His work-rate is also excellent. In the opening minutes he was on hand to secure the ball after a Johnny Cooper block in front of the Dublin goal.
Caution is obviously advisable when assessing the prospects of anyone breaking into the Dublin starting attack – even before factoring in any notional comeback by Diarmuid Connolly – but if Costello gets a run of matches in which his scoring returns remain high, it becomes a dilemma for Jim Gavin.
With a certain amount of fluidity in the team, principally Brian Howard’s likely long-term future farther back, the Dublin manager is unlikely to burn too much midnight oil wondering whether he can find a place for arguably the most gifted finisher at his disposal.
It’s probably a bit unfair on Fionn McDonagh to lump him into this company but Mayo have been crying out for new forwards – it seems like since 1951. Last year, before the championship Andy Moran voiced a view that to beat Dublin a team needed to be able to score 0-20 and whereas Mayo were inching towards that, they hadn’t got there yet.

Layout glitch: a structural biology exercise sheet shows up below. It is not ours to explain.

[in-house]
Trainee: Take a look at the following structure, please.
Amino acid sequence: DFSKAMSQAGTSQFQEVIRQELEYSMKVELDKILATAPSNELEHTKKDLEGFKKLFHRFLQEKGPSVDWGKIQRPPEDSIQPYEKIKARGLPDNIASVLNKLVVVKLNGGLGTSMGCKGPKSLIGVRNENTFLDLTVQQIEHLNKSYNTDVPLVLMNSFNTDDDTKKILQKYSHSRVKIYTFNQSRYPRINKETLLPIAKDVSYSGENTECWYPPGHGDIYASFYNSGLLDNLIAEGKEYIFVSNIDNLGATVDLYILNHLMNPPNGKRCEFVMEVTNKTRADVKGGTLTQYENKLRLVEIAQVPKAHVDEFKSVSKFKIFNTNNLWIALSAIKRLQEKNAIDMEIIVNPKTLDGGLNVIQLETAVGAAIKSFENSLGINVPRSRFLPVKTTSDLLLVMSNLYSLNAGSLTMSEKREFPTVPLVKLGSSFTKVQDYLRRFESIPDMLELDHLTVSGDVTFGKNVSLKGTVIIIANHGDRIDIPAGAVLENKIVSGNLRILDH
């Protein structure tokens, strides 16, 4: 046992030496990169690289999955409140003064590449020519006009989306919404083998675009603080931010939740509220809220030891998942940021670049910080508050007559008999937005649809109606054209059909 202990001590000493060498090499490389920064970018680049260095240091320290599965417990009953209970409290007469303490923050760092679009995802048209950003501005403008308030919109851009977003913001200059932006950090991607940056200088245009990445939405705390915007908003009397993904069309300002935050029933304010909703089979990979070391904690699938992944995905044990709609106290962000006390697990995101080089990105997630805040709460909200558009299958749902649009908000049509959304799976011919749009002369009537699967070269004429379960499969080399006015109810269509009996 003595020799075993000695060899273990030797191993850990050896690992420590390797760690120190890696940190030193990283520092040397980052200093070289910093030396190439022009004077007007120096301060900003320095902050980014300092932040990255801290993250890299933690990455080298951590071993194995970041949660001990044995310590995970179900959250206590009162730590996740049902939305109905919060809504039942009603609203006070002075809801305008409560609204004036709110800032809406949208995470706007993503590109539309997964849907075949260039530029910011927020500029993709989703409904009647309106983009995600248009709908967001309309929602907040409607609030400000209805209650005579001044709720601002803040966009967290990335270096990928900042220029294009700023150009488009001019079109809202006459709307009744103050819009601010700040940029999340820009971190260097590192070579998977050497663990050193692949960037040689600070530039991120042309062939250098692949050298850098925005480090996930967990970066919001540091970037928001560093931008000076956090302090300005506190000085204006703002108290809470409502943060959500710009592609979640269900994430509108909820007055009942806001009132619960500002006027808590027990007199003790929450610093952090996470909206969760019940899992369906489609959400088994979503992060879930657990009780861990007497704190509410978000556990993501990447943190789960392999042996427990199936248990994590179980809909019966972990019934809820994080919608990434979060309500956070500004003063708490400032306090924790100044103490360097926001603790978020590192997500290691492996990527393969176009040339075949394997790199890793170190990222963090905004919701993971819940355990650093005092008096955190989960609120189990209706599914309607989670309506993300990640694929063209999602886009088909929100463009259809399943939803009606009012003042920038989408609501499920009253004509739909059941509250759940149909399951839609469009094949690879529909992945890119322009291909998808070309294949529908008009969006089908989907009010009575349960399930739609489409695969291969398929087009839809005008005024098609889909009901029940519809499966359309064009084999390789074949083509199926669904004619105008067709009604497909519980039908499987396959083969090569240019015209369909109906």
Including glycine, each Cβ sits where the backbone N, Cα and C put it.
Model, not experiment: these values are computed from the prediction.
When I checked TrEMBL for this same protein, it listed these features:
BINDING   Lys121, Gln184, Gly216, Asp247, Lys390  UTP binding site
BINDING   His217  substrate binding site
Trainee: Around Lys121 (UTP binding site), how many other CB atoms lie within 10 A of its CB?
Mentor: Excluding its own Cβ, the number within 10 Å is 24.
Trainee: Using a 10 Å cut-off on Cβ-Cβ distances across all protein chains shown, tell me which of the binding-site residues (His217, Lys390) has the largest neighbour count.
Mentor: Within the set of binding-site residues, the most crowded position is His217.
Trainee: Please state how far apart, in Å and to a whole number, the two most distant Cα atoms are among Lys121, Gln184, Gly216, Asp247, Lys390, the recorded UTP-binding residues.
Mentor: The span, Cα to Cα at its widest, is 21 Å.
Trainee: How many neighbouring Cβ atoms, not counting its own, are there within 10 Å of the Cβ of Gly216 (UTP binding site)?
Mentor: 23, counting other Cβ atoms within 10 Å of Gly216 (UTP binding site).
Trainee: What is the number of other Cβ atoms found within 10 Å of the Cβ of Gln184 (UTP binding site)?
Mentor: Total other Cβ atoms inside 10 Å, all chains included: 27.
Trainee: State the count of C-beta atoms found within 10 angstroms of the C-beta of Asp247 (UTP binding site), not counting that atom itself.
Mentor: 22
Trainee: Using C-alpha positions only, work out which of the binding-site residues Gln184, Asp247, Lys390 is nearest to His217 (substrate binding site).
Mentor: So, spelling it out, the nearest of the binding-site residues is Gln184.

McDonagh’s 1-3 from play against Tyrone included two positives: his pace and strength from wing forward and the calculated determination to pass on a handy point and go instead for goal – more importantly, score it.
He was a significant contributor to his club Westport’s intermediate All-Ireland two years ago – the county’s first – and was brought into former Mayo manager Stephen Rochford’s development panel.
James Horan worked with McDonagh when at Westport prior to re-taking the Mayo job and would have been aware of his strengths as an athlete and competitor as well as what’s said to be an exemplary attitude.
It’s too early to cast him in one of the final roles necessary to Mayo conquering the ultimate stage and his Sigerson performances with UL have been uneven but McDonagh represents exactly the type of new blood the county needs to revive their challenge.
A fortnight in and we’re already thinking big.